Beyond Time - U-Theatre (Taiwan)
27-28 February 2018, St James Theatre, Wellington
New Zealand Festival
Reviewed by Ann Hunt
The programme notes for Beyond Time state that the pronunciation of the letter “U” is similar to the word meaning ‘excellence’ in the Chinese language. In ancient China, the same word also meant ‘performers.’ This synchronicity is at the heart of U-Theatre’s awe-inspiring dancer/drummers. It is hard to imagine seeing finer Tai Chi and hearing more stirring drumming than here.
Founder/Artistic Director Liu Ruo-Yu studied for eight years with Polish theatre director Jerzy Grotowski, and this greatly influenced her understanding that a theatre work is the expression of “an individual’s attitude toward life.”
This is certainly evident throughout Beyond Time, which utilises dance, meditation, martial arts, Tai Chi and drumming. The dancer/drummers’ stringent focus is demonstrated in everything they do and is obviously not something that they pick up for the performance and put down again once it is over.
The fourteen men and women onstage are exceptionally highly skilled, totally dedicated to their work as a way of life and their focus is absolute.
There is perfection in everything they do, to the point where one longs for an imperfection. In the perfection of their music and movements, at times they seem divorced from any emotional connection with the audience. This lack of expression and almost military precision is often quite disturbing.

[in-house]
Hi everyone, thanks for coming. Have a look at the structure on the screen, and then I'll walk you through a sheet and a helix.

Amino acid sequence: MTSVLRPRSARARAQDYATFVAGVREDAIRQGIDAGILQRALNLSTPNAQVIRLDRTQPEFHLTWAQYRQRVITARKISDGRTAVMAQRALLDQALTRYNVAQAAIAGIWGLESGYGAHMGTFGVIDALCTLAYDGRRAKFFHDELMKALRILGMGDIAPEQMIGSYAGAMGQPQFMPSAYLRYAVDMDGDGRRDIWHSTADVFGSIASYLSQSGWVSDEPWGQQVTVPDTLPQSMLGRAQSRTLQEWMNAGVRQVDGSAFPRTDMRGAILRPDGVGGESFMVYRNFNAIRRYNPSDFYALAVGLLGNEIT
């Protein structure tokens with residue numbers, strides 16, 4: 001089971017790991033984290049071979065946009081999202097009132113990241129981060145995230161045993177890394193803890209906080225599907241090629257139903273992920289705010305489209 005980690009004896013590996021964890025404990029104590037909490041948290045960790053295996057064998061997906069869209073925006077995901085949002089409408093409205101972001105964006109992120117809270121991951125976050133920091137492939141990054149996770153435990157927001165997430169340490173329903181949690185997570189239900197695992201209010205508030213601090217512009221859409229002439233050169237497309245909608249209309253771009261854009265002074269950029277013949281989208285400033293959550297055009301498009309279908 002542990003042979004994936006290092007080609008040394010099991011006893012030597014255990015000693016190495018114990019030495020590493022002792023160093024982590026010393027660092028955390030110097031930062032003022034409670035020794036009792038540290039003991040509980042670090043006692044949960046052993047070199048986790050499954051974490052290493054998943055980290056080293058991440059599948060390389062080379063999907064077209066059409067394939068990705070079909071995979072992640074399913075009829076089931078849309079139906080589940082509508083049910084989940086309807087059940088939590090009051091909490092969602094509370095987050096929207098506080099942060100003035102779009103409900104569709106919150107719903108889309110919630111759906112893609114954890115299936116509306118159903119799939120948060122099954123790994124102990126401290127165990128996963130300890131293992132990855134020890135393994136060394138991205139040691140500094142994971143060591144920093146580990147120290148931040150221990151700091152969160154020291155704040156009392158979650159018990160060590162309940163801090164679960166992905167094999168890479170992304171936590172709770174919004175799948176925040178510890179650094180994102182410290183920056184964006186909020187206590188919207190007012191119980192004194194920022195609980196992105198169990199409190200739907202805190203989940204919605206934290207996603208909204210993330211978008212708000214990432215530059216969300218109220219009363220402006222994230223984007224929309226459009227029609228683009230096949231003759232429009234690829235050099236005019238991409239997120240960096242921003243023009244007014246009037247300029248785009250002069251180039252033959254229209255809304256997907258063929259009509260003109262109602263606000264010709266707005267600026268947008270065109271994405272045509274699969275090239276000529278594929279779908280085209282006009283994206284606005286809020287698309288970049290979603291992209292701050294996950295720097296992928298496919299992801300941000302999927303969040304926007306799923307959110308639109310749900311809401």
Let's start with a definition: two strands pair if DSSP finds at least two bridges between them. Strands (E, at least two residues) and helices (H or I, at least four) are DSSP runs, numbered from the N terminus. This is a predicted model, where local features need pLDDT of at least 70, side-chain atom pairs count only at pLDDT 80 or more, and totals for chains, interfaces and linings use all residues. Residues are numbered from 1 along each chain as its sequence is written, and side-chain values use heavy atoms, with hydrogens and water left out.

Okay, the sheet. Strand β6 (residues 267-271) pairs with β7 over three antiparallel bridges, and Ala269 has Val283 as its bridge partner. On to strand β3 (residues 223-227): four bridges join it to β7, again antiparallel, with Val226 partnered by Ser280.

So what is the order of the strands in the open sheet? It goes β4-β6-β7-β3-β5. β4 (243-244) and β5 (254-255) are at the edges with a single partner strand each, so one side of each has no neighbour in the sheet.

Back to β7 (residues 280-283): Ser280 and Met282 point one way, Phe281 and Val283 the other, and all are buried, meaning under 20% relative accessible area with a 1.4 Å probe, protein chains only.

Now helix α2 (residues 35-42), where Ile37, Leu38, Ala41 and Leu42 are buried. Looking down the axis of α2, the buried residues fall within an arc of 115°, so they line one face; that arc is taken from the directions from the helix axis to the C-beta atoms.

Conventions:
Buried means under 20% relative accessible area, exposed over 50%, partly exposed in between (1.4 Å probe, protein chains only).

But Beyond Time is astonishing to watch. The dancers’ line is impeccable, whether spinning, drumming, striding or balancing. Their stamina appears super-human and their meditative grace lovely.
Drumming Master and Music Director Huang Chi-Chun, has been a drumming and martial arts practitioner for more than thirty years, and is known for his mastery in synthesising these two disciplines. He joined U-Theatre in 1993 and has since developed a three-pronged regimen of meditation, martial arts and drumming for the Company, to which dance was later added. It is a formidable accomplishment.
Various Chinese instruments are played live onstage with great skill, including Taiko drums and large brass gongs, a Burmese xylophone and what appears to be a Fangxiang. This ancient suspended instrument is a Chinese metallophone, which has been used for over 1000 years.
The show is permeated with very beautiful video projections of falling rain, rippling water and abstract designs which convey the depth of space.
At the moving closure the dancers appear to dissolve into the darkness, or perhaps they become one with the cosmos.
The enthusiastic audience gave them a standing ovation.
See Theatreview review (Tim Stevenson)